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Holy Spirit

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The Holy Spirit depicted as a dove in the stained glass window behind the Cathedra Petri in St. Peter's Basilica, Rome.

The Holy Spirit (Hebrew: רוח הקודש, Rūakh HaQōdesh; Greek: Άγιον Πνεύμα, Agion Pneuma; Latin: Spiritus Sanctus; also called the Holy Ghost) is the Third consubstantial Person of the Holy Trinity or the Godhead, in Christian religions which trace their roots to belief in Christ and abide by the Nicene Creed.

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Comparison of Views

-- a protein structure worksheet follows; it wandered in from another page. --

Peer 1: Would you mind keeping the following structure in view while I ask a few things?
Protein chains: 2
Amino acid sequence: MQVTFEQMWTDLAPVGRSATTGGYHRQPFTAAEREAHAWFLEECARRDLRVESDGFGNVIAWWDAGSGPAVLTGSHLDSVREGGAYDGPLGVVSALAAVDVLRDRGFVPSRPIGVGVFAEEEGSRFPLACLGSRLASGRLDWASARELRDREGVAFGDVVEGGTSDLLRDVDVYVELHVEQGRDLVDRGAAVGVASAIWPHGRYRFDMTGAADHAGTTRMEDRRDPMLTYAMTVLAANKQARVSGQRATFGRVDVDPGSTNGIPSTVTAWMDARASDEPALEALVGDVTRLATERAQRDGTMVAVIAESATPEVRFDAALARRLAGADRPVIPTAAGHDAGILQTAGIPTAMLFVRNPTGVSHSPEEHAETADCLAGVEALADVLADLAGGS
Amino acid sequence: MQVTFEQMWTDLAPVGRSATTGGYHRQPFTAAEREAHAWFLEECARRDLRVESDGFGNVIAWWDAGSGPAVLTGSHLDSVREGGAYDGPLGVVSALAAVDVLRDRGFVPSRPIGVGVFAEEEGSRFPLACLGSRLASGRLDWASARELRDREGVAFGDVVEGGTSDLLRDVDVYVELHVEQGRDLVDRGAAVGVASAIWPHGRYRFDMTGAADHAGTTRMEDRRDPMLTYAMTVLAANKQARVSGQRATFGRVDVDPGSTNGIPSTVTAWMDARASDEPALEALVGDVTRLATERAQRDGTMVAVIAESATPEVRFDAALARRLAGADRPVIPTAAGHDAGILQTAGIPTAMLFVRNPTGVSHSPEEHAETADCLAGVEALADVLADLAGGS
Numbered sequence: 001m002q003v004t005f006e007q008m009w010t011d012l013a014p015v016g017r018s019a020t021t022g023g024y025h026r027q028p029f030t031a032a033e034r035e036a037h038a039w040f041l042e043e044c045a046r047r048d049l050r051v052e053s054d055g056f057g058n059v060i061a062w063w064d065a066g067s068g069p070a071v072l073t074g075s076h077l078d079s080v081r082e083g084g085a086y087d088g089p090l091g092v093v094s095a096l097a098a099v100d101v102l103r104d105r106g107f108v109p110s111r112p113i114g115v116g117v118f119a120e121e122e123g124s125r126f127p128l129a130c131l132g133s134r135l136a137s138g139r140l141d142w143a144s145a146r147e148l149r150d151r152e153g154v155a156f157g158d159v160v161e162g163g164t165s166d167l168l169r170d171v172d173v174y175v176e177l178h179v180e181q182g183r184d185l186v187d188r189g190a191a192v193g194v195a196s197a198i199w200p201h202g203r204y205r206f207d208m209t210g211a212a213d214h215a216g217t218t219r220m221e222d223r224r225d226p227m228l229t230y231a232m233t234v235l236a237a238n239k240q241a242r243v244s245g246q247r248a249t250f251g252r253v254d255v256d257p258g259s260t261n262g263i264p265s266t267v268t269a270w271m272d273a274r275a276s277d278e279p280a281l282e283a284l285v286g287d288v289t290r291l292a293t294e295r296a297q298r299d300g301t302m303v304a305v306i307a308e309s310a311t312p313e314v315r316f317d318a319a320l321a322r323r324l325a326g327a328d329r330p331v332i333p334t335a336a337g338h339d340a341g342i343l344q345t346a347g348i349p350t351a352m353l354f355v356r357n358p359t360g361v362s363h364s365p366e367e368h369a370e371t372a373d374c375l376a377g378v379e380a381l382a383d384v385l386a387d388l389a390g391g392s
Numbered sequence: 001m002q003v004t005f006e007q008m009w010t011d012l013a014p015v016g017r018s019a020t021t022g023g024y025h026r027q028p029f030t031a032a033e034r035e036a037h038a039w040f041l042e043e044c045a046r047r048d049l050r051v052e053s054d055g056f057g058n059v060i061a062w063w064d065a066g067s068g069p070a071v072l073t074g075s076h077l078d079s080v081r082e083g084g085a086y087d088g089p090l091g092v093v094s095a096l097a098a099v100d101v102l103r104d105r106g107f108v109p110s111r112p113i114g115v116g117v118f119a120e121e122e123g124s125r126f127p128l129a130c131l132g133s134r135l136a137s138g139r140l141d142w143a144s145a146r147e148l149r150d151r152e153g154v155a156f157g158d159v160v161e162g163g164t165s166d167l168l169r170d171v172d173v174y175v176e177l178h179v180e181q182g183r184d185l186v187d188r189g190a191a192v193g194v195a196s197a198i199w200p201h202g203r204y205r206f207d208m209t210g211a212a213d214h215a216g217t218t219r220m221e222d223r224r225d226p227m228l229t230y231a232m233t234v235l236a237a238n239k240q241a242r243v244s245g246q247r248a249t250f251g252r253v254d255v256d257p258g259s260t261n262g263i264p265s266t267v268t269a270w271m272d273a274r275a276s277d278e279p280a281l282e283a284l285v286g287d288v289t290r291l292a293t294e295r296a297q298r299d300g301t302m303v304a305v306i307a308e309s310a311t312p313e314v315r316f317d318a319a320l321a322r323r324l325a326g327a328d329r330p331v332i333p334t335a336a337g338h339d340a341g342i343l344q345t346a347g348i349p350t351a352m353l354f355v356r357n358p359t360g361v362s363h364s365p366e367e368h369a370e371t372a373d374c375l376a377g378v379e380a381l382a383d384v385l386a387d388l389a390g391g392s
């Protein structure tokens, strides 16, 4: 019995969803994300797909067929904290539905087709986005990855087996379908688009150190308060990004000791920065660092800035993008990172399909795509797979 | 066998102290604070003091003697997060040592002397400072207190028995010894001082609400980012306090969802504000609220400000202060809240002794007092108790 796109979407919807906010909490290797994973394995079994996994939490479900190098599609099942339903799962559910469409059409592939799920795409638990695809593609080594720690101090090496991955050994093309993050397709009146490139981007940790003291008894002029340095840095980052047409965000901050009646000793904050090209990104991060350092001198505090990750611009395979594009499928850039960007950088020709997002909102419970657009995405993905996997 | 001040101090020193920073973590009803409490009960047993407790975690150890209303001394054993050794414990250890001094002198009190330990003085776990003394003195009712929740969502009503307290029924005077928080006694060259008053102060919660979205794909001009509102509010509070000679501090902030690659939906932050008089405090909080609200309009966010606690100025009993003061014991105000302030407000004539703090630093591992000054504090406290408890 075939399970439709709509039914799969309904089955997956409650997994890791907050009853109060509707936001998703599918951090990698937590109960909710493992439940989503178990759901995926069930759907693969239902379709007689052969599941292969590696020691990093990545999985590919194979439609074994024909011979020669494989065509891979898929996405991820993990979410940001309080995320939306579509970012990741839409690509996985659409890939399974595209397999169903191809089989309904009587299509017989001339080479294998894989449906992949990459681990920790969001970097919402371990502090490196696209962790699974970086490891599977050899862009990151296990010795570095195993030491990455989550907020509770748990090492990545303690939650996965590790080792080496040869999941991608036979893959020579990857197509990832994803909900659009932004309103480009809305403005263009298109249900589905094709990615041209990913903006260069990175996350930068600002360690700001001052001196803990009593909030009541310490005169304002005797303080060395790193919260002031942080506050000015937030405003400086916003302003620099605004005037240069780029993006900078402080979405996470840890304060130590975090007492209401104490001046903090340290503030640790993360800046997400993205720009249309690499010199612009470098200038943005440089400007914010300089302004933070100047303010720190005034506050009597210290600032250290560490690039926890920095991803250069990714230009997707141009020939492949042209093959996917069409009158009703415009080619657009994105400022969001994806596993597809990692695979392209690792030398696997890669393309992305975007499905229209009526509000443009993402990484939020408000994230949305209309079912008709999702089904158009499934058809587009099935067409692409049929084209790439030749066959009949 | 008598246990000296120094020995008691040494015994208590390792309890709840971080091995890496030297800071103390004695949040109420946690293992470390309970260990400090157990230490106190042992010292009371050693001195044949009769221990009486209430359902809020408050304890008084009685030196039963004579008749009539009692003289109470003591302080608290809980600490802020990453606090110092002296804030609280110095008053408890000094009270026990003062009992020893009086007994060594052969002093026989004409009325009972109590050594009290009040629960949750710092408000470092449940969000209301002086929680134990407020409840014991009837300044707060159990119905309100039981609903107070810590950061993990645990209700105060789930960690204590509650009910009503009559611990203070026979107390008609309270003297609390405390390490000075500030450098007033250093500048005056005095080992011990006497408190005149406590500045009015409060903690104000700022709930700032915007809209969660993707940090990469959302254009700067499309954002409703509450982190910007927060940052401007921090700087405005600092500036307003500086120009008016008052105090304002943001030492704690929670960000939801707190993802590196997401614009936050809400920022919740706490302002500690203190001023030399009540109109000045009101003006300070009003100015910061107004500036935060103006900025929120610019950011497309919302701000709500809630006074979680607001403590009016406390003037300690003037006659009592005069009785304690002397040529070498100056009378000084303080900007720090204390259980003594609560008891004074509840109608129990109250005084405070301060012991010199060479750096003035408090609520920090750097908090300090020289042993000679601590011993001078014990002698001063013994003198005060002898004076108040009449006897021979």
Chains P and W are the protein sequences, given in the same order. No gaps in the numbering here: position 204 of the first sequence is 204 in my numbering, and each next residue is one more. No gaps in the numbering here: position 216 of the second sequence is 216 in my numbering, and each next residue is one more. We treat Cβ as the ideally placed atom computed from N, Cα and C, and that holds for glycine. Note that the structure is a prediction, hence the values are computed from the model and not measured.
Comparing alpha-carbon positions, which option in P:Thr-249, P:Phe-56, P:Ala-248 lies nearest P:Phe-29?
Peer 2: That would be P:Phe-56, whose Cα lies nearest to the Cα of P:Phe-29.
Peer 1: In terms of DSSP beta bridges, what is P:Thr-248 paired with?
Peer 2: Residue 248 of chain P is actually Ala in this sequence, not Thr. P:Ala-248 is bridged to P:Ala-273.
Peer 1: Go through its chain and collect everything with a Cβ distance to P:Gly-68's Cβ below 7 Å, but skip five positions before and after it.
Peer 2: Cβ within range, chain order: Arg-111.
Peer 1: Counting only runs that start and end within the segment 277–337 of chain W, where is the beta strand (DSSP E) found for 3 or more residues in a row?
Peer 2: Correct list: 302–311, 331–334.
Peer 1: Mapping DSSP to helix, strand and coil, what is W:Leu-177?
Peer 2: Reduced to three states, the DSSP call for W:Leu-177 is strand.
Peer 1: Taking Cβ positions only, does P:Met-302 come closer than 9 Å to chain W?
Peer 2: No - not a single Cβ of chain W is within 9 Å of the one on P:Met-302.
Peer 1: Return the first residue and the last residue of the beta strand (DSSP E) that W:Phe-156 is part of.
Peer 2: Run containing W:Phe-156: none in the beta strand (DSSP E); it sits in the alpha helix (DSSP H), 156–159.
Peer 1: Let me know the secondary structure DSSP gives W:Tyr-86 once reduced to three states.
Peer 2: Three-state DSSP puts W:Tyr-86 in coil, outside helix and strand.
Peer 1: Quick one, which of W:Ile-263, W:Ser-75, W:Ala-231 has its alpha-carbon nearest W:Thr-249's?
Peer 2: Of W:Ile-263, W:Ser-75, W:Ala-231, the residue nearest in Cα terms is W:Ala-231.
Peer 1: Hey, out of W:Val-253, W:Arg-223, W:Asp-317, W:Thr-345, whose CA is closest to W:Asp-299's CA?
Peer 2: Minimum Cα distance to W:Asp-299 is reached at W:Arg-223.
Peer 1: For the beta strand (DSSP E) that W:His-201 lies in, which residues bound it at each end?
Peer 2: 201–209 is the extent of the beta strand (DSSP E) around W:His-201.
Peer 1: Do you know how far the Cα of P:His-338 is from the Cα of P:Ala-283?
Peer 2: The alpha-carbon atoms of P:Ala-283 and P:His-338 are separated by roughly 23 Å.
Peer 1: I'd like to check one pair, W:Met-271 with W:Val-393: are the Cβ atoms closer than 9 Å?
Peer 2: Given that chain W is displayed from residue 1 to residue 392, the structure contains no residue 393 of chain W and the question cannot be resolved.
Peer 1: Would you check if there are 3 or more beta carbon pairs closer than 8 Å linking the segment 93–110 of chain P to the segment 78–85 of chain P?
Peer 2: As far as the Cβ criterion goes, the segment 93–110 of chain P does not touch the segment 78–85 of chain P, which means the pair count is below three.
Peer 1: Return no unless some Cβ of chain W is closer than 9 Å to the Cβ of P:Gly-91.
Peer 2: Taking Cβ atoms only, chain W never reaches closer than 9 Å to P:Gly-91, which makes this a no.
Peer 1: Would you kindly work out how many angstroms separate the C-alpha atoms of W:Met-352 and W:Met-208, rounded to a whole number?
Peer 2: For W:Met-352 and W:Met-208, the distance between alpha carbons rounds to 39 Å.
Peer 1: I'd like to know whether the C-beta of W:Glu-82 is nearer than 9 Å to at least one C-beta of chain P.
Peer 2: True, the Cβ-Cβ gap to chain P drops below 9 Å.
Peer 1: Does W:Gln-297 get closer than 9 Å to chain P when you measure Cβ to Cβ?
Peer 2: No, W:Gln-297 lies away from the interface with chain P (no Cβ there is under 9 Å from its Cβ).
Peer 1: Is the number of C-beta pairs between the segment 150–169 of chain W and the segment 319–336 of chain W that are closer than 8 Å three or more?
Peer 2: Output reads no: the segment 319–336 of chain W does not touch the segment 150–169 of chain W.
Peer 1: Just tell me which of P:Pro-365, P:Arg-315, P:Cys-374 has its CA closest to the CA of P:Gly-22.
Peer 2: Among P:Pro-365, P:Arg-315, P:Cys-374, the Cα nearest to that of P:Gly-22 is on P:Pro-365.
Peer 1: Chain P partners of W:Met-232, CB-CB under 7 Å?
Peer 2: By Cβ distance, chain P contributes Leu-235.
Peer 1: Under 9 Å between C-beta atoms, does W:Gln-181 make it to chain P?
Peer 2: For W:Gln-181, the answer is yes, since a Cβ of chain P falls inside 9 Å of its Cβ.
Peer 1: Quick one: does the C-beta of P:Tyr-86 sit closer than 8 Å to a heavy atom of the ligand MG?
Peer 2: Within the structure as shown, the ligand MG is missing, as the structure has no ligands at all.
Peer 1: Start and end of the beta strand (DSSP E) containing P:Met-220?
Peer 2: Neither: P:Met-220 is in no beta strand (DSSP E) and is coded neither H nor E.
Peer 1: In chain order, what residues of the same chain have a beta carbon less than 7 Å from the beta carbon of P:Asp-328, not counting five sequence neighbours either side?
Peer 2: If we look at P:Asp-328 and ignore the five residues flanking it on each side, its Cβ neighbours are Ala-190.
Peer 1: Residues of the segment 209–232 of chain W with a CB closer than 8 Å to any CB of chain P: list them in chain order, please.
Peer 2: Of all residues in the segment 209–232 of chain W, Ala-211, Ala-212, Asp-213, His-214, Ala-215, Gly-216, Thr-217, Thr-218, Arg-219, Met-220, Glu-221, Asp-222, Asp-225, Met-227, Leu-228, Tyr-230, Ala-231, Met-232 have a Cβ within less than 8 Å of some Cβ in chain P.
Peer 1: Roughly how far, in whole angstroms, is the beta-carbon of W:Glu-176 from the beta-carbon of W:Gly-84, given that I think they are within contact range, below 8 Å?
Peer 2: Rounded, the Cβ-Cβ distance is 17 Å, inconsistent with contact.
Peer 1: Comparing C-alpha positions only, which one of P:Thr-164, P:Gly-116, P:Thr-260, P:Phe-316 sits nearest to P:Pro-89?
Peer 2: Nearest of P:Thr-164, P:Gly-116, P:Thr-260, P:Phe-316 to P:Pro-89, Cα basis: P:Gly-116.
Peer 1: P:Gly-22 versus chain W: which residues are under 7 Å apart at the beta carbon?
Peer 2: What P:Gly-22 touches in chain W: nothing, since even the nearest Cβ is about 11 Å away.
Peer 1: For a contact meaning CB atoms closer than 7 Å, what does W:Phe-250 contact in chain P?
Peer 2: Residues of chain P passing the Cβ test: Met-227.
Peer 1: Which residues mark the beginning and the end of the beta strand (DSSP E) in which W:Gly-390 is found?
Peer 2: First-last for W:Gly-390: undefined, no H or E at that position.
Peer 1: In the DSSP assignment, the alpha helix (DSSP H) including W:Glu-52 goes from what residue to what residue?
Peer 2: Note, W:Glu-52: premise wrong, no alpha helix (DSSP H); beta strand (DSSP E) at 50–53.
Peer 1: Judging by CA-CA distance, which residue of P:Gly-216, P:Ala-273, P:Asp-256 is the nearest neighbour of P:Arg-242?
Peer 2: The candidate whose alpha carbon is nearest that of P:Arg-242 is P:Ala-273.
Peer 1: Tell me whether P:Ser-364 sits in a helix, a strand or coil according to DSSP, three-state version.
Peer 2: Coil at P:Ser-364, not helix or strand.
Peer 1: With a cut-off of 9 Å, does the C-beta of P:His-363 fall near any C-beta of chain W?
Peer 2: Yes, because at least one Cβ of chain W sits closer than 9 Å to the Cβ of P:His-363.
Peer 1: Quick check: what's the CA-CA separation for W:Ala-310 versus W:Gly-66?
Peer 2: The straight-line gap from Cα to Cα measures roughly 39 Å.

Christians with a definitional basis in the Nicene Creed view the Holy Spirit as God himself or the Breath of God, a form of God, or a manifestation of God. Other Christians which do not rely on the Nicene Creed believe the Holy Spirit to be one of three main entities (including God the Father and Jesus Christ). The word "Spirit" commonly translates the Greek New Testament word πνεύμα, pneuma. It is important to remember that Scripture on the Holy Spirit can be viewed by different sects of Christians in different ways. In Christianity, following the New Testament, the Holy Spirit is the One who guides a person to correctly interpret the word of God and He helps each person reach new levels of understanding. Since He knows each person perfectly and it is understood that people think differently, He can transfer information to people in ways that they would comprehend it (Acts 2:7 ). The Holy Spirit is the Spirit of God and the unity of the Trinity.

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